What's causing your back pain?
A look from the back
Weak muscles, caused by a lack of exercise, are the first major cause of most back pain. Looking at the overlapping muscles in the diagram above, you can see that the body acts as a unit. The lower torso is carried by the lower back muscles as well as the abdominal muscles. Likewise, the chest muscles, shoulder muscles and upper back muscles are carrying the upper torso.
It is important to strengthen and stretch the major back muscles, like the lats, traps and erector spinae as these support the spine.
An exercise programme needs to strengthen not only back muscles but also muscles in the front of the torso, the abdominal muscles in particular.
The abdominal muscles (often called the core muscles) help to support the spine and upper body. These are the internal and external obliques (that rundown the side of your waist), the rectus abdominus, that run down the middle of your abdomen (giving you a six-pack if you’re lean).
2.Lack of flexibility in the back muscles
A poor range of movement, also caused by inactivity, can result in back pain when you perform a movement outside of your normal range of motion. So for example if your lower back muscles are tight and you make a sudden twisting motion, you can strain those muscles. You need to stretch the muscles of the back to increase your range of motion.
3.Tight muscles in the legs, chest and shoulders
Once again, because the body is a unit, you also need to stretch connected muscles. The hamstring muscles and gluteal muscles, if tight, can cause rounding of the lower back, with associated back pain. Stiff shoulder muscles will likely cause neck and upper back pain. Tight chest muscles pull on the shoulder and will also likely cause neck and shoulder pain.
The main impact of poor posture on the back is whilst sitting. This means sitting at your desk, the couch or driving your car. Poor posture while standing or walking will also affect your back. If you round your shoulders when you stand or walk, this will lead to upper back pain.
5.Moving your body incorrectly
A common way of pulling and straining back muscles is whilst picking up objects. I’ve done that a few times, as I’m sure most of you reading this have too. When picking up objects, the legs should take the weight, and should bend, not the back. Everyday actions like getting into and out of a car or sitting down in a chair are also important to be aware of. Twisting your body when you get into or out of a car can strain your back.
Being overweight puts an undue strain on the back. Overweight people are also usually less flexible, with a smaller range of motion, so that sudden movements are more likely to cause strains and pain.
Below are some of the most common complaints, with a brief explanation of each. In all cases, whenever pain is severe or persistent after several days, consult a doctor. If the pain is so severe that you can’t sleep or wake up at night, then you need to see your doctor. In addition, any pain that you feel after an accident needs medical attention.
The sciatic nerve, the longest in the body, when under pressure, will be felt as pain down the buttocks, down the back of the thighs and even into the feet. The pressure on the nerve is often casued by inflammation of the vertebrae joints. The root causes are incorrect posture while sitting, poor posture when lifting objects and weak muscles that are subjected to sudden strenuous activities.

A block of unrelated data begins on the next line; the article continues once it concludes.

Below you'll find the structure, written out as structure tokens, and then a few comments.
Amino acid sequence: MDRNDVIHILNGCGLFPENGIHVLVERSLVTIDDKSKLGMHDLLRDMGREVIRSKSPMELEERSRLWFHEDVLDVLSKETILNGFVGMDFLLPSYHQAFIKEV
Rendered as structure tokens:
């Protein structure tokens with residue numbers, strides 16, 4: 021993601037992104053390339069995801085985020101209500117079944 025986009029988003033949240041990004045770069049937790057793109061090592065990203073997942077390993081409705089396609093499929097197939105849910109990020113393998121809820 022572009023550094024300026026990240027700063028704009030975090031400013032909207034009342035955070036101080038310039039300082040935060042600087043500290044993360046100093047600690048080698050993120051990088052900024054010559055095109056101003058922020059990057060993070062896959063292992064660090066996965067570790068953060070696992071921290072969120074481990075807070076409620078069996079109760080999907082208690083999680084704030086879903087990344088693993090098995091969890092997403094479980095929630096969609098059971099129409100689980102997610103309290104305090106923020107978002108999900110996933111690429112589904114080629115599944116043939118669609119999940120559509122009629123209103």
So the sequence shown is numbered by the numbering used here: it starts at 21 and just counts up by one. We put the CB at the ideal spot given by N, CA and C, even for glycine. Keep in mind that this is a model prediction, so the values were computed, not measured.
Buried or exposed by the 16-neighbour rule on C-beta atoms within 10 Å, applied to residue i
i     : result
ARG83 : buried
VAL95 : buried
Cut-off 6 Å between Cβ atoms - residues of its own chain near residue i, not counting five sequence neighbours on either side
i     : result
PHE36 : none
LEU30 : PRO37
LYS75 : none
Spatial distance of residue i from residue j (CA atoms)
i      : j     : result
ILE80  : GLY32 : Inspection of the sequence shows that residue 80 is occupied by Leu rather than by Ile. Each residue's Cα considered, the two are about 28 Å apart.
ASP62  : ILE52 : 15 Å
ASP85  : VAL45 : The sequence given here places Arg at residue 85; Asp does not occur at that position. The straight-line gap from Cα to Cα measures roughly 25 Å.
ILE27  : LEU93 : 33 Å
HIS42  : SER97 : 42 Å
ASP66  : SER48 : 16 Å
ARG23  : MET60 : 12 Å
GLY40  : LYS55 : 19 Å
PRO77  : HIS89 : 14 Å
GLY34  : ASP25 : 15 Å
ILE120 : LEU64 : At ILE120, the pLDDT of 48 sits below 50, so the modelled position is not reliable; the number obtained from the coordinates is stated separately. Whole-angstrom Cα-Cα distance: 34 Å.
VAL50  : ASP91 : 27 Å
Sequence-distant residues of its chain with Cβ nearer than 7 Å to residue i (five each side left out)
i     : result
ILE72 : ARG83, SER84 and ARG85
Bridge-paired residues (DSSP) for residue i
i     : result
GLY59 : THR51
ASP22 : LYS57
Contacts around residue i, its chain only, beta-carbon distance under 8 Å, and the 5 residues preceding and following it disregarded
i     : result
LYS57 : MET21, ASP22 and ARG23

The thoracic section of the spine is excessively curved, giving a humpback. The shoulders are rounded and the head droops forward. Often effects elderly women. Because of the contraction of the chest, breathing is more difficult. This condition can be caused by osteoporosis. The most common cause is poor posture and weak muscles.
Chronic low back pain
Most often, the lumbar vertebrae commonly are compressed and the joints become inflamed. The lower back is most susceptible to pain as the lumbar region carries the weight of the body. Weak abdominal and lower back muscles mean that shape of the spine in lumbar region will often be wrong. Over time, this leads to inflammation. Other common causes are incorrect posture when lifting. If you bend your lower back, for example, when lifting up a heavy object, instead of using your legs, the muscles will become strained.
A condition of weakened bones, where calcium and bone fibres leech into the blood. The bones are less dense and fracture easily. A balance diet and exercise can help to prevent the condition. Loss of estrogen, which prevents the condition, in post-menopause, can also lead to the onset of the condition. Your doctor can do a bone density scan and provide medication such as hormone replacement therapy, for post-menopausal women.
Commonly affects people over 40, but not uncommon in younger people. Cartilage, which acts as a cushion between bones at joints, is lost. As a result, the bones grate together, causing pain and damage to the bone. Your doctor will use and x-ray or MRI scanner to diagnose you. He/she will give you medication for treatment of the pain. Exercise and posture are vital to improving your condition, so I encourage you to use this book.
Between two vertebrae of the spine is an invertebral disc which contains a core of gelatinous fluid. When this core protrudes from its covering, it puts pressure on the nerves. If it puts pressure on the spinal cord, acute pain will be felt.
What's the solution?
Posture and exercise
In most of the conditions mentioned, exercise and posture play an important preventative role as well as in recovery and rehabilitation.
If you feel little or no back pain, exercises to strengthen and stretch the abdominal and back muscles will largely prevent painful conditions developing.
Andrew de Bruyn is the author of "Build your Back, Beat the Pain"-a step-by-step exercise guide that anyone can follow.
- Build your back
Build your Back, Beat the Pain.